Thursday, January 18, 2018

Cassette Review: Hey Exit "Inhale EP"

How many times have you heard the music of Hey Exit?  I think it's strange that no matter how many times I press play on a piece of music by Hey Exit, I never know what to expect.   Some would say that maybe Hey Exit doesn't have a defined sound, but why does someone need a defined sound?  It's better than thinking "Oh good, a new album.  Thirteen more songs of synth-pop!"  I feel like I've entered this contract with Hey Exit, as a listener, that says when you press play you might not know what you're going to get but you will like it.    That trust is far more important to me than any tag on Bandcamp.

When "Inhale" begins it's singing gently with the strumming of a guitar.   Drums are added in and it comes into something dreamy, I would almost call it a sleepygaze if such a thing doesn't exist yet.  It becomes dark like something from "The Crow" soundtrack and yet has these angelic choir sounds as well.   This shifts to something screechy, the vocals now gone, and the mood becomes hollow, desolate.   Bell type tones and wavy hues bring us to an end of Side A which is not where I expected it to go but somehow seems all too fitting.

Guitars ring to open Side B and it sounds kind of haunted at the same time.    The guitar sound is big enough to fill a room, every chord strummed deliberately.   Screeches a bit like modems come into play now with the sounds of waves crashing.   I will refrain from making jokes about surfing the web.   As everything but the guitar fades back, thunder cracks.   There is a solemn sound here.   Not sad.   Not even that dark maybe.   But serious.   It could perhaps be the funeral of someone who was generally disliked.   No one wants to cry, but no one wants to say good riddance either.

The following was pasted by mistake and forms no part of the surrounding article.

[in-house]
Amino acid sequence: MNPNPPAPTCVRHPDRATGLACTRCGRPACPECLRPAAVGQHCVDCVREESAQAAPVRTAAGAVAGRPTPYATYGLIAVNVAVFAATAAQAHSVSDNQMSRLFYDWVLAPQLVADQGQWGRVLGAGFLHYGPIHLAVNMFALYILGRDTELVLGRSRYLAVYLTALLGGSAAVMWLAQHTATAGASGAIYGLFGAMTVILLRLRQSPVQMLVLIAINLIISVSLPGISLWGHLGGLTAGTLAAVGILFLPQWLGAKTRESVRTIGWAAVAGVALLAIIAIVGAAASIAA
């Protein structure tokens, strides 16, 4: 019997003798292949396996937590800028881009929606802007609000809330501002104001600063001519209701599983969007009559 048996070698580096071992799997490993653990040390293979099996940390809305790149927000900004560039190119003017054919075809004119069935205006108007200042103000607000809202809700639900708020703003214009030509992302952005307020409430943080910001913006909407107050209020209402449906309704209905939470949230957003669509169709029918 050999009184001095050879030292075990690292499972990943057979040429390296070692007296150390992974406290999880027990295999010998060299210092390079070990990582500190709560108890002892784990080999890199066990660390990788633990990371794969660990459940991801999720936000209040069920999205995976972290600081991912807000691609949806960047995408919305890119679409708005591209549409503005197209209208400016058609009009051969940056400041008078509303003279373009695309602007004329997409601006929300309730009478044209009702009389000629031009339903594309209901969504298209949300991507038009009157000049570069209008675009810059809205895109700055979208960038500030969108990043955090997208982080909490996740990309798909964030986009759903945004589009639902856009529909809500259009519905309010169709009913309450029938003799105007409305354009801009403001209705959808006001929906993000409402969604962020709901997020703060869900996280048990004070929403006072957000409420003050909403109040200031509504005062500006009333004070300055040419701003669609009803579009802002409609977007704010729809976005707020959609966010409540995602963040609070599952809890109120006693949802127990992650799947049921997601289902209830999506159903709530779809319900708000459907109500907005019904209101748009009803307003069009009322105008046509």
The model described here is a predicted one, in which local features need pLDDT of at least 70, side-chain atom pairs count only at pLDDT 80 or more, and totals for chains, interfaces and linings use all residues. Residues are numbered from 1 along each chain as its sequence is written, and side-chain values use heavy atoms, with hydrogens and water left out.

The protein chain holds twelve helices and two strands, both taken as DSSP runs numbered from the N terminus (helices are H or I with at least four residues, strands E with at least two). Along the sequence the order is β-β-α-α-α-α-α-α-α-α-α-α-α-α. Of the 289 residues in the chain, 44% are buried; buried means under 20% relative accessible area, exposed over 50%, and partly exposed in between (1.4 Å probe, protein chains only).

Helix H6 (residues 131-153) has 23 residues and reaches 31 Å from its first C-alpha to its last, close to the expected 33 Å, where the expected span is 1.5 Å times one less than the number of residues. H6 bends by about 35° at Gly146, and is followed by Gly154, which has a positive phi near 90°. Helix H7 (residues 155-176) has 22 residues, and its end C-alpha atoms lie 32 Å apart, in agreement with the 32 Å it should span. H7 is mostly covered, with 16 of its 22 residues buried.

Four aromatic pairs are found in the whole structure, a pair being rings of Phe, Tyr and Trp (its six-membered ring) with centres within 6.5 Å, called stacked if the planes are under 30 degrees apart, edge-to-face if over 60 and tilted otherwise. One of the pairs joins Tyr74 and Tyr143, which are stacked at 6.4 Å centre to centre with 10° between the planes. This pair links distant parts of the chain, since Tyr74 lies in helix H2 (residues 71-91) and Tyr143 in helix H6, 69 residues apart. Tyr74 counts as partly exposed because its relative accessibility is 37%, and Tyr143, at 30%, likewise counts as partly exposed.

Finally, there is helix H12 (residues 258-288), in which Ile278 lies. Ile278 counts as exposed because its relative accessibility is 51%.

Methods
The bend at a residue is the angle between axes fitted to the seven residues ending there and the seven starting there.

A bit of jangling comes in the background, like wind chimes though I'm fairly certain it's an acoustic guitar.  How many guitars are on this song?  How far down does this rabbithole go?   It still feels like it's storming out there but I really don't want to go inside just yet.  It quiets down and eventually fades with the slightest of string plucks, which I can only think of as riding out the storm.    This brings in these bass lines which might be a regular guitar but they sound more like a bass guitar to me and it's that sort of thing out of one of those early songs by Bush I always like to use as comparison.

This music is rather contemplative.   It's reflexive.   It's like staring into a mirror and seeing your soul.  It's not an easy thing to imagine- how it makes you feel- but it certainly can be believed once you experience it for yourself.    The screechy, modem-like sounds return and I always wonder if people wish they had recorded modems dialing up more back before there was so much wifi.   This is all spawning into this magical, blissed out place and then it pulls back.    Back into the solo notes I think are a bass guitar.    Sometimes I hear this slight crackle and wonder if it is intended or just a result of the cassette. 

Guitar notes form a rhythm now.   Singing comes in and then the sound gets distorted like Hendrix.    It gets into this place that sounds like Nine Inch Nails going into "The Great Below", only it sounds like some place going up, getting higher, then sinking down.   It fades off like a radio transmission into the night and even with the singing I feel in some ways like I'm being lulled to sleep, which is not a bad thing because as humans we need sleep.   The way this begins and ends with singing really has it coming full circle and if you haven't been keeping up with Hey Exit, I would certainly suggest this as a starting point now.

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